“Potty training is a very intricate process that instills an essential behavior for his or her adult life. Therefore the timing of the potty training is a crucial factor that affects the duration and success of the procedure. Most new parents are wondering what the appropriate and effective potty training age is. Old folks potty train their children as young as 6 months old, while others claim that it is best to train them when they are already three. However, most experts now agree that there is no exact potty training age per se as every child develops uniquely so you cannot really compare one baby from another.
Statistically though, children often follow a certain pattern with regards to the behaviors concerning the potty training age. Almost all children learn to control their bowels first before their bladder. At their second year, most children will be dry during the day although they may occasionally wet their pants accidentally. Meanwhile, 90% of three year olds are dry during the day already. And by the time that children reach the age of four, they are already consistently dry. It is also worthwhile knowing that it is easier for children to stay dry during the day than during the night when they are sleeping.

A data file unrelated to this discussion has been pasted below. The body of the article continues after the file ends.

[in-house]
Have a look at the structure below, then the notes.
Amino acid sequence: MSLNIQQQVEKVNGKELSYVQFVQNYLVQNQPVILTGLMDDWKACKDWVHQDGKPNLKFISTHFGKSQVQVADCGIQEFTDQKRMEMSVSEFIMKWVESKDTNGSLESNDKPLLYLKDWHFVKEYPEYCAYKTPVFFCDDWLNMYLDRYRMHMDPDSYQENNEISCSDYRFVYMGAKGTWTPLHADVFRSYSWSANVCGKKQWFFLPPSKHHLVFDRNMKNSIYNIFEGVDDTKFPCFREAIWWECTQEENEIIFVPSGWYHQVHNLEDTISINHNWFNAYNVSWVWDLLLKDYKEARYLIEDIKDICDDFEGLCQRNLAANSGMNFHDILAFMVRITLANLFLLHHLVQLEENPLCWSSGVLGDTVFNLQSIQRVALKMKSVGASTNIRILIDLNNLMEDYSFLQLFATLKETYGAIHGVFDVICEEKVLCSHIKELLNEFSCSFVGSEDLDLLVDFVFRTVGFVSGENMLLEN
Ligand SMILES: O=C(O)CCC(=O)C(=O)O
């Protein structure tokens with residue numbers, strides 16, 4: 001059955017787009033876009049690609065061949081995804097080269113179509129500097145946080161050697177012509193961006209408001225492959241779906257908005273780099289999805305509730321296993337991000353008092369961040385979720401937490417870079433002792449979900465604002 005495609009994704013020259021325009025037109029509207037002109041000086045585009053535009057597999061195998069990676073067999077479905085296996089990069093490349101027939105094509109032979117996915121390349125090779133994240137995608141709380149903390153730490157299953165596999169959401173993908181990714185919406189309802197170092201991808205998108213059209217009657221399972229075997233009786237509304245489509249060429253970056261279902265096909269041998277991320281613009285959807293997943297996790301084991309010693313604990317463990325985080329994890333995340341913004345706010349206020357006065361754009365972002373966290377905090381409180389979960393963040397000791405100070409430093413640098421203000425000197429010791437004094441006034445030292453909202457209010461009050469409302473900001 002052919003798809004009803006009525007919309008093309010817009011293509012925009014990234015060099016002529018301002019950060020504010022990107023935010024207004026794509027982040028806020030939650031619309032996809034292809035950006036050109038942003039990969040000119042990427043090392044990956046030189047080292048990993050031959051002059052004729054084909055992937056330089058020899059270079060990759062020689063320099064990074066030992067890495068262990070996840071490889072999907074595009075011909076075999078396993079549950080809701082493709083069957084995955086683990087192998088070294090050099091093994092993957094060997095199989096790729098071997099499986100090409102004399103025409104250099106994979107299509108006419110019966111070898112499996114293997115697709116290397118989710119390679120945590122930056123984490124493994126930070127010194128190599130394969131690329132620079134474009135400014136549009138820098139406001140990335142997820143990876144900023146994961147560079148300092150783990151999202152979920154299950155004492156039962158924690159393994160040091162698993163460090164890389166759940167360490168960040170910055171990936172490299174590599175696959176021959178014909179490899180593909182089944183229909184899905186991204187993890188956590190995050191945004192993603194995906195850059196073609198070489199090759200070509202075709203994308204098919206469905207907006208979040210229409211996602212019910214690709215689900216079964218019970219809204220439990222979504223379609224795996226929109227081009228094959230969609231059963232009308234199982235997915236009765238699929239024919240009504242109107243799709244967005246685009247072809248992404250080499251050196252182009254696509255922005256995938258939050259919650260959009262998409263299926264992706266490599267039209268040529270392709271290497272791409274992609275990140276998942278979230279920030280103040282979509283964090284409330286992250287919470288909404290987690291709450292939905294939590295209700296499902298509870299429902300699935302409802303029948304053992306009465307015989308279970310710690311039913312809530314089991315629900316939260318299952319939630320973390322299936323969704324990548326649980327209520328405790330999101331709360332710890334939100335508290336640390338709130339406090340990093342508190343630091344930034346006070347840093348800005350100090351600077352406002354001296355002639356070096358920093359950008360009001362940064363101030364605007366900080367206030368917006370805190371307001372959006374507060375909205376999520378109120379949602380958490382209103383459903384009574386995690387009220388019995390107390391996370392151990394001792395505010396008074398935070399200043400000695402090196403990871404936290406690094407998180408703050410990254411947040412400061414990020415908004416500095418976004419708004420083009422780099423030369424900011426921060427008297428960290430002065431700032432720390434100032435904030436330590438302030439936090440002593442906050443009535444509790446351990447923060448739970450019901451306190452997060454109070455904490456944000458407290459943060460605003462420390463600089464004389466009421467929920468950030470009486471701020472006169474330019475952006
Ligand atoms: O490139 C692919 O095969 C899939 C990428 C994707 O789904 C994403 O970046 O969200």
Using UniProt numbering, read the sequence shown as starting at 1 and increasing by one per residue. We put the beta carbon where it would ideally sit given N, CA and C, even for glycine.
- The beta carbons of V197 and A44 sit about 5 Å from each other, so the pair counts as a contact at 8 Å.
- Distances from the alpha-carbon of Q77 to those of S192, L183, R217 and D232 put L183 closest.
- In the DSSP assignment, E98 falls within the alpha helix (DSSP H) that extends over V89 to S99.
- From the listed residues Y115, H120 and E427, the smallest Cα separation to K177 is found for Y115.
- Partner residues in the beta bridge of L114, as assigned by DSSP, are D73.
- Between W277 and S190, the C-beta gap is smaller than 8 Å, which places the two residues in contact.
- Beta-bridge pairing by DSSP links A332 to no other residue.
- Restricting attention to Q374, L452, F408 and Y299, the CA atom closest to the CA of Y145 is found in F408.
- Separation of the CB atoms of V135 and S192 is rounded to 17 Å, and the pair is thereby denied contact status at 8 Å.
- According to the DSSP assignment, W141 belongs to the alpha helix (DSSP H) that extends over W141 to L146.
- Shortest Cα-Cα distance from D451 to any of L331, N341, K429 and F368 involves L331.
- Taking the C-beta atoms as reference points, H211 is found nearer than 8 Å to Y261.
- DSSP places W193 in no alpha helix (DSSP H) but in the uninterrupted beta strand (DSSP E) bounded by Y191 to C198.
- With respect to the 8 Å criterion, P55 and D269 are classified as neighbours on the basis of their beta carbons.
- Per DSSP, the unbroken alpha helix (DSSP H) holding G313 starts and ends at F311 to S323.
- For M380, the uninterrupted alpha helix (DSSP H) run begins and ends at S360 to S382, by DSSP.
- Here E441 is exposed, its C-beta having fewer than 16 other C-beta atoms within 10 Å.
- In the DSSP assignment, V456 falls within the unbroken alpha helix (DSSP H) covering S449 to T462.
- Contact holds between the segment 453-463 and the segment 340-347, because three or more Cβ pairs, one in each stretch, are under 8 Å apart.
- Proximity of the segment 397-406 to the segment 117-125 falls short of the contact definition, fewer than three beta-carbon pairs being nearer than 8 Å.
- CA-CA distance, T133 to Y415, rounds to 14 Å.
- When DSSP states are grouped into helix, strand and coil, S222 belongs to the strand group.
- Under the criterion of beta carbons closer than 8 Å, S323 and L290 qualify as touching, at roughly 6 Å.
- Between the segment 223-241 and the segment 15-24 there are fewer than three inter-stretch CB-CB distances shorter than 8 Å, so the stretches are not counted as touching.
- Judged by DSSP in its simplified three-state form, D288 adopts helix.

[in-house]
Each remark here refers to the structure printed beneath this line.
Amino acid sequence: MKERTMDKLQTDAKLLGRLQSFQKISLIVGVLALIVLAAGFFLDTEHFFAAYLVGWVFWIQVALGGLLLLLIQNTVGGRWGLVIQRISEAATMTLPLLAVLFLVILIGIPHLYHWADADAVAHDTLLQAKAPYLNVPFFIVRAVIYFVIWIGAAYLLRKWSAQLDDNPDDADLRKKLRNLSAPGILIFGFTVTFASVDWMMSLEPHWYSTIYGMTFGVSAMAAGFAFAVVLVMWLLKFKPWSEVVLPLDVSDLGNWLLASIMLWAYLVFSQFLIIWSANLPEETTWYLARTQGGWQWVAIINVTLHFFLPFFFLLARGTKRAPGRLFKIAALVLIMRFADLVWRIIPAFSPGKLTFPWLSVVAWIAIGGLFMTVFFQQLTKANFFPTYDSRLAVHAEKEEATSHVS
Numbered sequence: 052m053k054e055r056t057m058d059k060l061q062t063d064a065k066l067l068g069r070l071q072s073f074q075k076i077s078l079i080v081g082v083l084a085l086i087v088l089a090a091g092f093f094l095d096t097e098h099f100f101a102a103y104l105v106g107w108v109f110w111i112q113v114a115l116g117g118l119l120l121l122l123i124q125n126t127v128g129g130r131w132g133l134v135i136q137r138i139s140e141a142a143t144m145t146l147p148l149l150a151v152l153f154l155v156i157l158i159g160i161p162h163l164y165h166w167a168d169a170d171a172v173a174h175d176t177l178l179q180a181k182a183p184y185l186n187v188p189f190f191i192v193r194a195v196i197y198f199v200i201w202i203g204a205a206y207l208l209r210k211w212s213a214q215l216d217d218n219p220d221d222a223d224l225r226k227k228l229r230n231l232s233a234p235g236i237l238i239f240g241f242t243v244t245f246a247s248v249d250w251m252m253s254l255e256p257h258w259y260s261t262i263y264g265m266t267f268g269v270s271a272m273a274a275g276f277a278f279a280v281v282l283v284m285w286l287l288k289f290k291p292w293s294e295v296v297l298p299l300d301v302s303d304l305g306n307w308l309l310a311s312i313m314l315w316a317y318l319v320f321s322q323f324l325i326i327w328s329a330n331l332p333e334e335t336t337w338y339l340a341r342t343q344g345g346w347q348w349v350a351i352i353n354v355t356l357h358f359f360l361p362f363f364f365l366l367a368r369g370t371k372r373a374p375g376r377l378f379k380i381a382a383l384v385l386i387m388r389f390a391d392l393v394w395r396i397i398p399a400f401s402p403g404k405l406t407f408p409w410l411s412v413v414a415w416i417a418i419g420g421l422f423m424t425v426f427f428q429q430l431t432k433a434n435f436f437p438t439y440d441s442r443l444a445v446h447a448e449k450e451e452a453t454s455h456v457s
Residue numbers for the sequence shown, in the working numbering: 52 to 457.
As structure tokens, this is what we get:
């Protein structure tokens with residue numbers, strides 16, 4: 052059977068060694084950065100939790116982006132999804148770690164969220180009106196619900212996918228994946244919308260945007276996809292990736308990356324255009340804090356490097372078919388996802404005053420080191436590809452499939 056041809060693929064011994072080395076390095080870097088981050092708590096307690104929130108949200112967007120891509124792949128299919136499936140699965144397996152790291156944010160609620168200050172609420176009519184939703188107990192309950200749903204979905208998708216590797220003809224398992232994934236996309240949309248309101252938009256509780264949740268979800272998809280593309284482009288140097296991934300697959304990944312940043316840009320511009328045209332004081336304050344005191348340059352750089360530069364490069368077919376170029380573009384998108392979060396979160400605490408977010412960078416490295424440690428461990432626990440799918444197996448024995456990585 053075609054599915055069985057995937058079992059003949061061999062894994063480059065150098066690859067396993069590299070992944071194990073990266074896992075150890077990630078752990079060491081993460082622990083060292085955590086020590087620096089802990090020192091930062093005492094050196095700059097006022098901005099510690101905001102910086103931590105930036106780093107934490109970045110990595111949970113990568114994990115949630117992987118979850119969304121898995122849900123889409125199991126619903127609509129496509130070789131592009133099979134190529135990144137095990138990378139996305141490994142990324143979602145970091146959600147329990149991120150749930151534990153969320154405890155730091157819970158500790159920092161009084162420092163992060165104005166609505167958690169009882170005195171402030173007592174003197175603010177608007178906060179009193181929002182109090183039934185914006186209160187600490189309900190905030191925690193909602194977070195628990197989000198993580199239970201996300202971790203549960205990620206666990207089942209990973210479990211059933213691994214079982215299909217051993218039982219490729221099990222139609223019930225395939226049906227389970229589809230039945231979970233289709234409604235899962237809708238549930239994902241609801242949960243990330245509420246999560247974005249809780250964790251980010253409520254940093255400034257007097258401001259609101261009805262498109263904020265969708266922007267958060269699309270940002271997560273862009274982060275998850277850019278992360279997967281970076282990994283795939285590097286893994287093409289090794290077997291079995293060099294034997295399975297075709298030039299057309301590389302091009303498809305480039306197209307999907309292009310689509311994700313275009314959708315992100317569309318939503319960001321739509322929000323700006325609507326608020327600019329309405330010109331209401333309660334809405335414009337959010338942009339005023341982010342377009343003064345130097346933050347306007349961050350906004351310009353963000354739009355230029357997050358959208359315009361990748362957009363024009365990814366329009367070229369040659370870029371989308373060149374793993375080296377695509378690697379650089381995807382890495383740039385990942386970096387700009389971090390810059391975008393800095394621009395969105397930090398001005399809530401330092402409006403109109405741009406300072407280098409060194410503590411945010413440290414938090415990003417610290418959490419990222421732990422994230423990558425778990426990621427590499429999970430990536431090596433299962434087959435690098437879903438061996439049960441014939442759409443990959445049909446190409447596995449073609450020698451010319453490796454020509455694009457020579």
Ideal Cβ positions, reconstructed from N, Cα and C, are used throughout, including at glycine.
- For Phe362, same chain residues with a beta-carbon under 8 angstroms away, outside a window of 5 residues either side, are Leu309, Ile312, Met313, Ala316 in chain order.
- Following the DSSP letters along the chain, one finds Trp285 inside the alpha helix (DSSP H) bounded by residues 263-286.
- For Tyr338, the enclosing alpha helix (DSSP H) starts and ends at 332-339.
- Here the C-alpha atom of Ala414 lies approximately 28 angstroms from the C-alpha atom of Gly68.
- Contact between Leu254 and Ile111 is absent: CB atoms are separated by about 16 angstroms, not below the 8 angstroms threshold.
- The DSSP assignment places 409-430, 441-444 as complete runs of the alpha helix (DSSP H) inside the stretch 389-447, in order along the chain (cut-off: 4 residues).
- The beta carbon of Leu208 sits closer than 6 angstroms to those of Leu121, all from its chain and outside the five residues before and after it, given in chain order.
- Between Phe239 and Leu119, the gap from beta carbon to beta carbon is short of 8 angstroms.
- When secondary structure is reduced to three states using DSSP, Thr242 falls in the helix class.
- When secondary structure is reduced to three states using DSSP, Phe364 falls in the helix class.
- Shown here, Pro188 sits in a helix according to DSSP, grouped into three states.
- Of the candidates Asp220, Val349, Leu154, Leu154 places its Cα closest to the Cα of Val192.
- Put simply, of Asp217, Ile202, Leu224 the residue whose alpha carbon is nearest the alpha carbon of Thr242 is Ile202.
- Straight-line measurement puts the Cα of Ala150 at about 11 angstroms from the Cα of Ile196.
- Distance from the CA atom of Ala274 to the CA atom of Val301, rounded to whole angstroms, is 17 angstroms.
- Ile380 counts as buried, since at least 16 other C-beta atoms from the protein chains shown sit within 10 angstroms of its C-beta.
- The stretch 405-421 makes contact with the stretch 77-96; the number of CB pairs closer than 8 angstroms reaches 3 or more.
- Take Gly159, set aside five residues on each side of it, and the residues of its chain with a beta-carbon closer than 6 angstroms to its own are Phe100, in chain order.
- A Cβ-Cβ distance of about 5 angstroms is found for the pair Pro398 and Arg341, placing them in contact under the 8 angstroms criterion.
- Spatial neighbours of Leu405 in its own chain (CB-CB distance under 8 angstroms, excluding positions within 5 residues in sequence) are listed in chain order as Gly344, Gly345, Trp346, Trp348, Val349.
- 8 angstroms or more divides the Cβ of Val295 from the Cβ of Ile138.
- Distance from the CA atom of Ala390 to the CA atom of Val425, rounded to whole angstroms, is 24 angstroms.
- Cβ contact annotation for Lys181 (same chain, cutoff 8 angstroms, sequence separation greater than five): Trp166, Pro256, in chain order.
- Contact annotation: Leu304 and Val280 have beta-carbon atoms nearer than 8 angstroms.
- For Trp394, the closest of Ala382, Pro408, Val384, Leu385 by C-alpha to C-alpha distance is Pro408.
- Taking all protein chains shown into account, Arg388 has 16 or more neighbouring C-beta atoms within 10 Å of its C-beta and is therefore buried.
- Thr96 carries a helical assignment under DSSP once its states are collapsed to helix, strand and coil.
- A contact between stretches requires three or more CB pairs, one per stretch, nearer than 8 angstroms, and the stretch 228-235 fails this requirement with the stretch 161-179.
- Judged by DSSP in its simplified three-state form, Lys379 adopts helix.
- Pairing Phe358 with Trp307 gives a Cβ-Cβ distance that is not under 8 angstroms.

The most important thing to consider when planning for your child’s appropriate potty training age is that they are physically and psychologically ready. It is the time when the kid is starting to exhibit signs of bladder control. During this time, the child is starting to become aware that he or she have wet their diaper or pants. Another sign is that the gap between wetting starts to become longer, say an hour. Also, another one is that when the child is showing interest in the bathroom and is wondering what it is for. When you have observed these behaviors from your child, then he or she is at the ripe potty training age.
Another important reminder is that there is no use in forcing potty training your child when he or she is not at the right potty training age. Physical and psychological readiness is essential for it to be successful and pressuring your child to undergo the training will just be counterproductive to your effort.”